‘Encouraging Progress’ in Quest for AIDS Vaccine Challenged by Virus That Survives and Thrives
There is "encouraging progress" in the quest for a vaccine against HIV, but virus that survives inoculation may be able to mutate and "sidestep" the treatment, vaccine researchers from Merck Research Laboratories and Harvard Medical School report in two studies published in today's issue of the journal Nature, Agence France-Presse reports. A team led by Emilio Emini of Merck tested three vaccine candidates -- all were designed to stimulate a cytotoxic T lymphocyte response to obliterate infected cells but used different methods of delivery -- on monkeys that had been infected with SHIV, a hybrid of HIV and the simian immunodeficiency virus. Seventy days after inoculation, the monkeys who had received the vaccine that used adenovirus type 5 as a vector and those that received booster shots of a plasmid DNA vaccine had 10 times the CD4+ T cells and their viral loads were between 10 and 50 times lower than the monkeys who did not receive any vaccine. Based on these results, Emini's team labelled Ad5 a "promising vaccine vector" for fighting HIV-1, the most common form of the virus.
The Bad News
However, a separate team led by Dan Barouch of Harvard had less encouraging news. Barouch's team found that seven of eight rhesus monkeys that received a CTL-focused vaccine "successfully fought" SHIV, but the virus mutated and eluded the vaccine in the eighth monkey (Agence France-Presse, 1/16). The team inoculated the monkeys with a vaccine developed by Merck that contained two HIV genes and interleukin-2, an immune system molecule that "revs killer T cells into high gear." They then infected the monkeys with the virus. The vaccine was supposed to trigger a strong response from the killer T cells responsible for attacking infected cells, identifiable through small fragments of viral DNA called epitopes on their outer layer. In the monkey in which the vaccine failed, the virus made a single gene mutation that changed the shape of the epitope, making it unrecognizable to the T cells. Norman Letvin, one of the Harvard researchers, said that based on previous research he, "felt confident" that the reserve of killer T cells would adjust and attack the mutated virus. However, he was wrong. All of the virus in the monkey mutated within six weeks, and the monkey soon became ill and died. "To see complete replacement of the virus in such a short period of time just took my breath away," Letvin noted. However, all of the other monkeys are still controlling their HIV levels and have remained healthy for more than two years after vaccination.
A Setback or Just a Warning?
The fact that the reserve of killer T cells was unable to recognize and attack the mutated virus is "particularly disturbing" for vaccine researchers. Killer T cells only recognize a few HIV epitopes. Some researchers have been investigating ways to increase the number of epitopes the cells target, thereby forcing HIV to make more than one mutation in order to evade a vaccine. However, if the back-up T cells fail to respond as they did in the monkey, the effect would be negated. Despite the report, some vaccine researchers remained nonplussed. "It's one monkey. I would not get that alarmed," Seth Berkley, president of the International AIDS Vaccine Initiative, said (Schoofs, Wall Street Journal, 1/17). Emini's team has seen no such mutations in its vaccinated monkeys. "We've gone 500 days and not seen any escape. It's something to watch for. But if the vaccine elicits a sufficiently broad genetic response, this is going to be an issue we can deal with," Emini added (Verrengia, AP/Newsday, 1/16). Letvin said that HIV's ability to mutate and escape the vaccine "provides a caveat" about possible pitfalls that await HIV vaccine candidates in humans, but added that it is "certainly not a devastating caveat." He noted that mutations may "always be lurking" and said that "[m]any years of hard work (remain)" before a vaccine will be ready for widespread human use (Norton, Reuters Health, 1/16).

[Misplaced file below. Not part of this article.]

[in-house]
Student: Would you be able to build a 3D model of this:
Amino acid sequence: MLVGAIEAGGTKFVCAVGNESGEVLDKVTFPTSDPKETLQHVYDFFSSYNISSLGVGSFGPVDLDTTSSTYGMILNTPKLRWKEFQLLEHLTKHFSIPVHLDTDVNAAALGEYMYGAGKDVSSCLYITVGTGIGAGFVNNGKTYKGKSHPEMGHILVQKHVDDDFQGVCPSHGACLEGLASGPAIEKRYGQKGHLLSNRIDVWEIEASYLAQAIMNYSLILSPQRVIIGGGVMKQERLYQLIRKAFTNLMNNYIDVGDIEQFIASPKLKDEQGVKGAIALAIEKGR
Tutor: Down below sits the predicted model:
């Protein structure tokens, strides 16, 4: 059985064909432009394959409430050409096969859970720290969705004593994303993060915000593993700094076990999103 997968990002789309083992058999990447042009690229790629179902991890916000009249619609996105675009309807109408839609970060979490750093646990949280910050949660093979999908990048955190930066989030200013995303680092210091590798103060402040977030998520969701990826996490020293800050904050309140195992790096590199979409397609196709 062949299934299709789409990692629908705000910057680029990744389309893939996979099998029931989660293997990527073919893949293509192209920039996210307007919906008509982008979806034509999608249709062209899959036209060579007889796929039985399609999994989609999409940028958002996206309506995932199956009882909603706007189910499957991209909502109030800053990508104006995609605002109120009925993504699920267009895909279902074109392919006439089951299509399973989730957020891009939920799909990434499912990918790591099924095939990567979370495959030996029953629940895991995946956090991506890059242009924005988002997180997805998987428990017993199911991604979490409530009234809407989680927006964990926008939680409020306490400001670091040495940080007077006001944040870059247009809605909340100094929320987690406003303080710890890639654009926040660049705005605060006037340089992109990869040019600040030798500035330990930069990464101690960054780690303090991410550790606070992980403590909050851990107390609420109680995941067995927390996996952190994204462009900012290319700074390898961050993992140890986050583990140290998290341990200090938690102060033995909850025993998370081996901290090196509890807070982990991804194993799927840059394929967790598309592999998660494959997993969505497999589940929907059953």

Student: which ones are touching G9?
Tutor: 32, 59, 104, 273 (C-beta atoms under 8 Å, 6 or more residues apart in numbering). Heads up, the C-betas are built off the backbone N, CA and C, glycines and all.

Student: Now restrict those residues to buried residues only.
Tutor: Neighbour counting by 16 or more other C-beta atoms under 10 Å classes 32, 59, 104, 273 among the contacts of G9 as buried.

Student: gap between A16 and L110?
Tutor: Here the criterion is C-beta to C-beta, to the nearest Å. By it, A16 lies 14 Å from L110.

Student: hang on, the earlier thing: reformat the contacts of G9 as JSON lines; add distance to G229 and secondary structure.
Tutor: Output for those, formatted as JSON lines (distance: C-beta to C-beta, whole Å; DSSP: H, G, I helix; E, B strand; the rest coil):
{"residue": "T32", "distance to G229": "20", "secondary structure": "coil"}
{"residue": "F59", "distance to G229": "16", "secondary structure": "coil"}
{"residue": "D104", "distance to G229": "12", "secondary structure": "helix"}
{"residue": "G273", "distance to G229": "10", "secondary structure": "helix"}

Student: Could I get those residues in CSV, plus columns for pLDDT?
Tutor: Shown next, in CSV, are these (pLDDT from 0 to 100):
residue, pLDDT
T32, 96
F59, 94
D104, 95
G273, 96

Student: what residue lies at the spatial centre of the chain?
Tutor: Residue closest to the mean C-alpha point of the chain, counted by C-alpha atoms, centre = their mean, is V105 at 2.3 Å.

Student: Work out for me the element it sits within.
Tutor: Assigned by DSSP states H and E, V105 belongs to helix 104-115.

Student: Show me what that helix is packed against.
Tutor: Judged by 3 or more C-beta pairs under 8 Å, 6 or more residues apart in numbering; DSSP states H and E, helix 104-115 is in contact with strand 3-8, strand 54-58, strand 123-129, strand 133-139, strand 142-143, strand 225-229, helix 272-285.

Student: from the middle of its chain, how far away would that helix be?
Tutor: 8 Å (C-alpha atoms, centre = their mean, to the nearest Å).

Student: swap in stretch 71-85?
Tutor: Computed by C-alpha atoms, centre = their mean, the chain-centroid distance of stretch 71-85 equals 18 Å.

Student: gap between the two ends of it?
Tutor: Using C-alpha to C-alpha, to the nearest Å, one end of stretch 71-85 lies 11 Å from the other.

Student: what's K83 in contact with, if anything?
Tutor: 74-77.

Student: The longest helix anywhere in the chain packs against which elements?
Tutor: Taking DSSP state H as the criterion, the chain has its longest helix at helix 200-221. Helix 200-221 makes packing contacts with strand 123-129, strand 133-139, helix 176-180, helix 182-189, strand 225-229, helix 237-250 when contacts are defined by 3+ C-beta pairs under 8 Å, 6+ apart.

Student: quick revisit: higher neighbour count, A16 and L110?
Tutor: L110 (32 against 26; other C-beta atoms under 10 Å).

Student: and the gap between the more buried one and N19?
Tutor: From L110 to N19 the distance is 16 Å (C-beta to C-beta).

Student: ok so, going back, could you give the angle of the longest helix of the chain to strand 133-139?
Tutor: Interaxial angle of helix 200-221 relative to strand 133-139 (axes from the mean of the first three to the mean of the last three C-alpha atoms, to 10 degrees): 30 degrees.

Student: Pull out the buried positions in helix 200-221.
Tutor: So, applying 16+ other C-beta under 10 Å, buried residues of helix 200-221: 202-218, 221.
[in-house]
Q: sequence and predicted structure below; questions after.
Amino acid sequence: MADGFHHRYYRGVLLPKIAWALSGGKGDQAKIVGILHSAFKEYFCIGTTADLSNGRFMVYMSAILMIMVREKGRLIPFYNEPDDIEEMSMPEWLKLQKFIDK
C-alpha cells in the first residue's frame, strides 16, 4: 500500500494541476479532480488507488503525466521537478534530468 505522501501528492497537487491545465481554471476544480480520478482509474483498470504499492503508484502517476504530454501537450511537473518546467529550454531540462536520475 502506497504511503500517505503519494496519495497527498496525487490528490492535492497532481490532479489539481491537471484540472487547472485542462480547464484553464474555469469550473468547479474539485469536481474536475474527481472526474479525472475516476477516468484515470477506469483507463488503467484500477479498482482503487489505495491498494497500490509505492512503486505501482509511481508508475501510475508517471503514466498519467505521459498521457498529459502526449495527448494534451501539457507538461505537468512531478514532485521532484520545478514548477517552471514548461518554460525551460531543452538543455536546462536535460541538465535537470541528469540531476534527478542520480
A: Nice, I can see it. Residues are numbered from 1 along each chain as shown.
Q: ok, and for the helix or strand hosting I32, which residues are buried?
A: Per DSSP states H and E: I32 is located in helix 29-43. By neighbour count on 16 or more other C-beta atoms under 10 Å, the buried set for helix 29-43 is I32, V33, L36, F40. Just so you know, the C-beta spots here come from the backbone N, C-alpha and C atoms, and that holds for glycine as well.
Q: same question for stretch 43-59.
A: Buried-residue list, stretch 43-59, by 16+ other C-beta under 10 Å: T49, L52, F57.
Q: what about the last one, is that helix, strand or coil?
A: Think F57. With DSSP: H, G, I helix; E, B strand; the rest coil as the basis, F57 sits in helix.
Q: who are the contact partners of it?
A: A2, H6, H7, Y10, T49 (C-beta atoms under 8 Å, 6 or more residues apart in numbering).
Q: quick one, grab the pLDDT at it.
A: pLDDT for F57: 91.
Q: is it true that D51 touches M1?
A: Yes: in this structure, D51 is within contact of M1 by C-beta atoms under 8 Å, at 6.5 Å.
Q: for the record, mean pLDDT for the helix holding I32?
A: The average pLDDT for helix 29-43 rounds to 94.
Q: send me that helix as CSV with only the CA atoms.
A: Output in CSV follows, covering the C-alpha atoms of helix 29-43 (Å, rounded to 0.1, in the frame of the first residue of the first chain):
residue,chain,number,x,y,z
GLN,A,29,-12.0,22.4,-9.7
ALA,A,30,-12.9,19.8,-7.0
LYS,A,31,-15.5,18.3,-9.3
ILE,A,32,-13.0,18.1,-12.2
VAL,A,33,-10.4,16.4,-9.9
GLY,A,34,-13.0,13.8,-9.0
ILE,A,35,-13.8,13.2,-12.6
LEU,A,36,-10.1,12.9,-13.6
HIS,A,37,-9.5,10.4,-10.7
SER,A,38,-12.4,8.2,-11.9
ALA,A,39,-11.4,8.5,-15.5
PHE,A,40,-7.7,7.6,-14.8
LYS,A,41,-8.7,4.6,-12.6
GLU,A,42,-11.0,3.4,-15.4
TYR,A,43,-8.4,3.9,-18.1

Merck Negotiating to Test Antibody Vaccine
In related vaccine news, Merck is negotiating with the Institute of Human Virology, a not-for-profit research center in Baltimore founded by HIV co-discoverer Robert Gallo, to conduct trials of the institute's experimental antibody vaccine, the Wall Street Journal reports. The vaccine is designed to elicit an antibody response to HIV, an approach that has "proved difficult" because the virus is able to hide the best antibody targets on its surface with amino acid strands known as "variable loops" and large carbohydrate molecules. However, when the virus attaches to the CD4 molecule on the surface of a cell it briefly exposes some potential antibody targets. The vaccine -- which uses a "fusion" of CD4 and gp120, a "critical part of HIV's envelope," to elicit the antibody response -- focuses on that moment when the virus first attaches to the cell. Anthony DeVico, one of the vaccine's developers, said no agreement had been made, but added that negotiations are ongoing (Schoofs, Wall Street Journal, 1/17).